Road safety signs can be dangerous to your health


Motorists are inundated with road signs. These may include speed limit signs, construction warnings, directions to important landmarks, and safety warnings (eg “Icy road ahead”).

In a interesting article recently published in Scienceresearchers Hall and Madsen argue that some road safety warning signs can backfire and in fact increase — rather than reducing — the risk of fatal accidents.

As part of a road safety campaign, the State of Texas (like many states) regularly posts “dynamic message boards” showing the number of recent traffic fatalities – for example, “1,669 DEATHS THIS YEAR ON THE HIGHWAYS OF TEXAS”. However, Texas displays these signs one week per month, providing a natural experiment for how well these signs have reduced accidents.

To their surprise, Hall and Madsen found that the signs did not reduce the number of accidents, quite the contrary. Over a period of several years, on the weeks the signs were posted, car crashes increased by 4.5% on stretches of road 10 km (6.2 miles) after the signs. This translated to 2,600 additional crashes and 16 additional fatalities each year in Texas, with an estimated annual socioeconomic cost of $377 million.

The researchers also performed extensive analysis to control for other confounding factors. For example, they checked death rates for similar stretches of road ahead of the signs, as well as data for comparable weeks before the start of the public safety campaign. They also controlled weather, holidays and other factors.

Hall and Madsen argue that these signs caused more crashes due to a combination of increased cognitive overload on drivers and high “saliency” (attention effect) of an extremely negative message.

I liked their article because they backed up their reasoning with some interesting data analysis. For example, a numerically higher number of fatalities on the sign (i.e. potentially more eye-catching) was correlated with a higher accident rate. Additionally, the signs apparently caused more crashes on more complex stretches of road, consistent with a cognitive overload hypothesis.

Additionally, the signs increased the number of multiple-vehicle crashes, but not single-vehicle crashes. (Single-vehicle crashes are more likely to be due to large errors such as running off the road, while multi-vehicle crashes are more likely to be due to multiple small errors such as drifting out of the lane, usually observed with distracted driving.)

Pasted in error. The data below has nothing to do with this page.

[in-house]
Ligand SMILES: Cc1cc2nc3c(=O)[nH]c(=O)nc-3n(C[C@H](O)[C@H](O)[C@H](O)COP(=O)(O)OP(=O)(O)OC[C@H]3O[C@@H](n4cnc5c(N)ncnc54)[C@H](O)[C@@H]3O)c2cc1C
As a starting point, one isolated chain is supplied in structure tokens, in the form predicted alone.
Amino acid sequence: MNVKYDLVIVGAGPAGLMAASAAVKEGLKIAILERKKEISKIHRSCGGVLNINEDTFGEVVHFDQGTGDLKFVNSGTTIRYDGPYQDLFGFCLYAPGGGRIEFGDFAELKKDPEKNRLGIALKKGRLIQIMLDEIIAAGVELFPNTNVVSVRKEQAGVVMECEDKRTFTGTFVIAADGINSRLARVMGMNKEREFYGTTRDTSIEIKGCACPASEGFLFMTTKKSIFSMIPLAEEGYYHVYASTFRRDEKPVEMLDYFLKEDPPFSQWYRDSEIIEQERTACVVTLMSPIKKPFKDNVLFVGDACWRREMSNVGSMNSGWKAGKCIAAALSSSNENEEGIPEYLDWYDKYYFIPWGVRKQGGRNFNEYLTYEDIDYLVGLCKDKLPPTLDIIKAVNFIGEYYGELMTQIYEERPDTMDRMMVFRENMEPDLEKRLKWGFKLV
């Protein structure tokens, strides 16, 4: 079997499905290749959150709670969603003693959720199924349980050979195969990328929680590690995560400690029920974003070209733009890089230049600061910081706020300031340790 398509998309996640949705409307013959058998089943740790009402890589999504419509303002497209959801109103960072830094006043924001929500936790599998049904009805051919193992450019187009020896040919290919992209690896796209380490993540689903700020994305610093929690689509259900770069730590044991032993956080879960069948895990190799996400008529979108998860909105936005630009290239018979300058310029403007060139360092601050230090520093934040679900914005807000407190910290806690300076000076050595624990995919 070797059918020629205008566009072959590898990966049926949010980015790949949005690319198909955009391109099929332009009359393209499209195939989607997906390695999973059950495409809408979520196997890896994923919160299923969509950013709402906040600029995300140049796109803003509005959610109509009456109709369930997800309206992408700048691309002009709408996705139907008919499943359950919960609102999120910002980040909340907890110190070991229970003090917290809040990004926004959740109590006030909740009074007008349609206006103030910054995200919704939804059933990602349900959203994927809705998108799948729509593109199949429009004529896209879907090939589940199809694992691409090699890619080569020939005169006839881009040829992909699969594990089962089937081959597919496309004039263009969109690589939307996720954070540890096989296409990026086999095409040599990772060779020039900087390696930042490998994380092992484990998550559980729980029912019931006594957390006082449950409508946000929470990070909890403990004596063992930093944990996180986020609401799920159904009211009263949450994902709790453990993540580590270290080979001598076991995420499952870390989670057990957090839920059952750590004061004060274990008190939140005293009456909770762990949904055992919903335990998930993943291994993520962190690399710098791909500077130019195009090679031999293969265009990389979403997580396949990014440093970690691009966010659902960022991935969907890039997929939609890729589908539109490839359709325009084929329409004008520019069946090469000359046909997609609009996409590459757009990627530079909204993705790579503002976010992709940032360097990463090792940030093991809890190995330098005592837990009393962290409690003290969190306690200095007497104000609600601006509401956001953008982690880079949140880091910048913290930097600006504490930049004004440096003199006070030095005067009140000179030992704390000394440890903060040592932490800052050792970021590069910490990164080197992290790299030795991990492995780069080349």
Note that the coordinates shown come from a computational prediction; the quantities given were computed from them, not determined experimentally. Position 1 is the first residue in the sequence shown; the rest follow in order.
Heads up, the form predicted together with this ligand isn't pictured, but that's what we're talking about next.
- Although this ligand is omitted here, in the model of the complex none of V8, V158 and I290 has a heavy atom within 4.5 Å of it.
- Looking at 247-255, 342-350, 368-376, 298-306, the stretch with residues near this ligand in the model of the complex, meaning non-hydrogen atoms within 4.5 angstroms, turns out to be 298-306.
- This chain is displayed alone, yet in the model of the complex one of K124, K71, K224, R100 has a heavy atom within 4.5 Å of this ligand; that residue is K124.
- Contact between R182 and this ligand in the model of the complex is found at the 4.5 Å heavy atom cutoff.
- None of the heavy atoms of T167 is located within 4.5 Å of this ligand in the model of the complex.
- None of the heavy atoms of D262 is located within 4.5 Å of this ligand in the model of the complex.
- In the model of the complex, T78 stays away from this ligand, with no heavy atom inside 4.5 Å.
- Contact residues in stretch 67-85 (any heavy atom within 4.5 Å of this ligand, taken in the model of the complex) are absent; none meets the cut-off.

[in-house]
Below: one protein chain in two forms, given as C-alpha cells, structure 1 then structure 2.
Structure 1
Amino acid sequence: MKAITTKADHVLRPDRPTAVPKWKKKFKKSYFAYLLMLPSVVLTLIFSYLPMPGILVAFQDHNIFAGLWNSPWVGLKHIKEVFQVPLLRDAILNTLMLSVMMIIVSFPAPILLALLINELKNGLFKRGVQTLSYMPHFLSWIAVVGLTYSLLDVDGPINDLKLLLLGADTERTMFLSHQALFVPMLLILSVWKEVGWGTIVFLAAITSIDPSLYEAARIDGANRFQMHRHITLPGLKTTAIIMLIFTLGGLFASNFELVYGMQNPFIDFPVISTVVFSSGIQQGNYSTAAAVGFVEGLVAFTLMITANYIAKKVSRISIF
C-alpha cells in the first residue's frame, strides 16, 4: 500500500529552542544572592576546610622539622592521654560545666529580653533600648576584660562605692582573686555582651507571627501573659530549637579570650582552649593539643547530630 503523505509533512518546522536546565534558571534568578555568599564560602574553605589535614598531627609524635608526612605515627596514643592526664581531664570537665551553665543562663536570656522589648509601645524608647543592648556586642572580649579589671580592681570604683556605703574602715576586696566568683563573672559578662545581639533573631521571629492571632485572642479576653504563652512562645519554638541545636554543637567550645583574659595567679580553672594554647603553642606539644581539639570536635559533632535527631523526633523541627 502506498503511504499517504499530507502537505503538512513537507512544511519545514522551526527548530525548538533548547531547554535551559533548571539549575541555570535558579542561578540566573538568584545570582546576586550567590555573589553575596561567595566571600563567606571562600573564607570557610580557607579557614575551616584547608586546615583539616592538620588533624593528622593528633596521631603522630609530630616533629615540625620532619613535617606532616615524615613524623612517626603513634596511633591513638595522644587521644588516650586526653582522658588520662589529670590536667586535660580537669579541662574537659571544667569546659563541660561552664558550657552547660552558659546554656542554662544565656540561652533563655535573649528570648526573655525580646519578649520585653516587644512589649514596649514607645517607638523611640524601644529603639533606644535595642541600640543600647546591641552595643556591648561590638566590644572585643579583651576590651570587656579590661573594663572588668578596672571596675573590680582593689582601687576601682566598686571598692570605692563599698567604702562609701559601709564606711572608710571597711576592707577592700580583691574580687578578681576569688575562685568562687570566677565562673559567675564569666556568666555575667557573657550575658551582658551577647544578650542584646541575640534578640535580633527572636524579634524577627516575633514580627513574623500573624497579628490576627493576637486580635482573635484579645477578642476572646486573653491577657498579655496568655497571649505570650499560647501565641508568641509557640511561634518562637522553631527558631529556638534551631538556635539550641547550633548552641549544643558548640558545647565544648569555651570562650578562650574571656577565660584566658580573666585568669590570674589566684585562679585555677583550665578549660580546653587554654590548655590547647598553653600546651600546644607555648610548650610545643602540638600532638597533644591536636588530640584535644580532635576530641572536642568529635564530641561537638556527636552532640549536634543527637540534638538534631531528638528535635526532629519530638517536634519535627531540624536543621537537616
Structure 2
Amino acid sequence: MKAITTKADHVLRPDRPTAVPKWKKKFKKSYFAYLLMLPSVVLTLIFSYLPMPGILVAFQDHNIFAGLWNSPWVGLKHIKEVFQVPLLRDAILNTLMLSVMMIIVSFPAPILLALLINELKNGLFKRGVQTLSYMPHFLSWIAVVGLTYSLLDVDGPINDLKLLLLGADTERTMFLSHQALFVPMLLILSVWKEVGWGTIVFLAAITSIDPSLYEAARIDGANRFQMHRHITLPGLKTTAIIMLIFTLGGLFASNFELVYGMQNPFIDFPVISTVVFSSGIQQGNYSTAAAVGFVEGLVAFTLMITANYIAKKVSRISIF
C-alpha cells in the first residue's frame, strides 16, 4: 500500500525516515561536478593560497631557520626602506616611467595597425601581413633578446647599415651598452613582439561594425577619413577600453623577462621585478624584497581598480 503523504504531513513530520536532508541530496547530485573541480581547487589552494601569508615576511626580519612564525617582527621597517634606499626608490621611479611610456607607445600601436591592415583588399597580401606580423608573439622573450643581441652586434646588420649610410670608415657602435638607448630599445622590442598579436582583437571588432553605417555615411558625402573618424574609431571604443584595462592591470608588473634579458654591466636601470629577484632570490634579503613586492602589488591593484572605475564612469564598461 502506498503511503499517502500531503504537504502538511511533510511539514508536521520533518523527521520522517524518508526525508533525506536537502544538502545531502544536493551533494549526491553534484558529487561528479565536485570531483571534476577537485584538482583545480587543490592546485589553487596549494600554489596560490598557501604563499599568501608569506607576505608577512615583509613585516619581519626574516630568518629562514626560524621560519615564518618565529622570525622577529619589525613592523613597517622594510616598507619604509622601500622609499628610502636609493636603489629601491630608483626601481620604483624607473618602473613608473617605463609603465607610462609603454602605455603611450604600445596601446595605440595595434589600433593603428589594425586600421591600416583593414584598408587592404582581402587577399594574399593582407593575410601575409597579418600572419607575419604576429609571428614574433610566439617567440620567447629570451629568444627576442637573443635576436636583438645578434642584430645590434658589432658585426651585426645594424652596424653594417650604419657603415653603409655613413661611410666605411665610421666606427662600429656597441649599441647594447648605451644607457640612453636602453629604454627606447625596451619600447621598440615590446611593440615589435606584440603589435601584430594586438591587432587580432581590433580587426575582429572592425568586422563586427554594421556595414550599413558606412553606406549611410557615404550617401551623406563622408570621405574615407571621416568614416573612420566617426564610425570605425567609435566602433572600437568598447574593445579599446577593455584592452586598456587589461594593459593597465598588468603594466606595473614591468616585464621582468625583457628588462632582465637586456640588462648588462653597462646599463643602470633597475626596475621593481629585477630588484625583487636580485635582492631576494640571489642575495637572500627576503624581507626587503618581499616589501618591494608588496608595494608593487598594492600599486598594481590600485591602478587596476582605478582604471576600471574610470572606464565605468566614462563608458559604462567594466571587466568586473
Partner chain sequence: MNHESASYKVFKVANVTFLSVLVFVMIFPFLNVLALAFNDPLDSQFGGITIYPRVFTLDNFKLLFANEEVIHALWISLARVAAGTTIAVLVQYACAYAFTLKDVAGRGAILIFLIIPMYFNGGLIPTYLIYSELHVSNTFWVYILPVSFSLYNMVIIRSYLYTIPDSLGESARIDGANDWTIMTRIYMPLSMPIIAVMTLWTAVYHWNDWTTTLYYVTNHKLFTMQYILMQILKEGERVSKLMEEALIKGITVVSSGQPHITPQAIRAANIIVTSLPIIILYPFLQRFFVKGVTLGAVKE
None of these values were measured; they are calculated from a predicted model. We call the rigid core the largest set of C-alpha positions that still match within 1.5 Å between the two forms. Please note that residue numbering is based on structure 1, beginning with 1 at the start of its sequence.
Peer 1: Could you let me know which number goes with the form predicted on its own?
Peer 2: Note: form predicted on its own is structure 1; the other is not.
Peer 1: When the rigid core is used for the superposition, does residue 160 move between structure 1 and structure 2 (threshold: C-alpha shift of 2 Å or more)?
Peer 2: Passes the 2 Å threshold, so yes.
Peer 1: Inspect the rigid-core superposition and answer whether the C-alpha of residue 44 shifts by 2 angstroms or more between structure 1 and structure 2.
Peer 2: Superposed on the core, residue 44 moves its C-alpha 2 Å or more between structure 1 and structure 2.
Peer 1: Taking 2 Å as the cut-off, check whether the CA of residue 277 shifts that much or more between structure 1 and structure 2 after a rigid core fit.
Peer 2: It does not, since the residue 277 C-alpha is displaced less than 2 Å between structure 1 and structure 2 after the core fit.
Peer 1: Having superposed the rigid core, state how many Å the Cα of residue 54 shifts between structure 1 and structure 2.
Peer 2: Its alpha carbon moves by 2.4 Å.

Hall and Madsen also explored seven other hypotheses, such as the possibility that display weeks are inherently more dangerous, that any message increases crashes etc. and found that none of them were consistent with the data.

I find it entirely plausible that an outright negative message (e.g. “A lot of people have already died doing what you do right now! “) could aggravate driving errors, especially on an already difficult stretch of road that requires a high level of concentration. There’s a reason coaches try to give athletes positive encouragement during pressure situations, rather than negative encouragement. If I had to make a pair of crucial free throws to win a basketball championship game, I’d much rather hear my coach say, “You get it, kid!” rather than “Don’t choke and blow up the game, you loser!”

The Texas Department of Transportation clearly had good intentions with its campaign, with an explicit goal of reminding motorists “that driving deserves their full attention every time they get behind the wheel.” Unfortunately, this particular effort had the unintended consequence of diverting drivers’ attention, sometimes fatally.

The effect is also not limited to Texas. The researchers note that “most damage is done within the first few days the message is posted…and in places where death messages are posted 1 day a week, such as Colorado, the effect could be worse. “. I might be a little more careful driving in Denver on those days.

Hall and Madsen draw several conclusions from their work, and I encourage others to read the full paper.

One of the most important lessons applies to policy makers who love psychological interventions and “nudges” to shape the behavior of ordinary people: “[M]measuring the effect of an intervention is important, even for simple interventions, because good intentions do not necessarily imply good results.” [Emphasis mine.] This is an important principle that all government decision makers could best take to heart.


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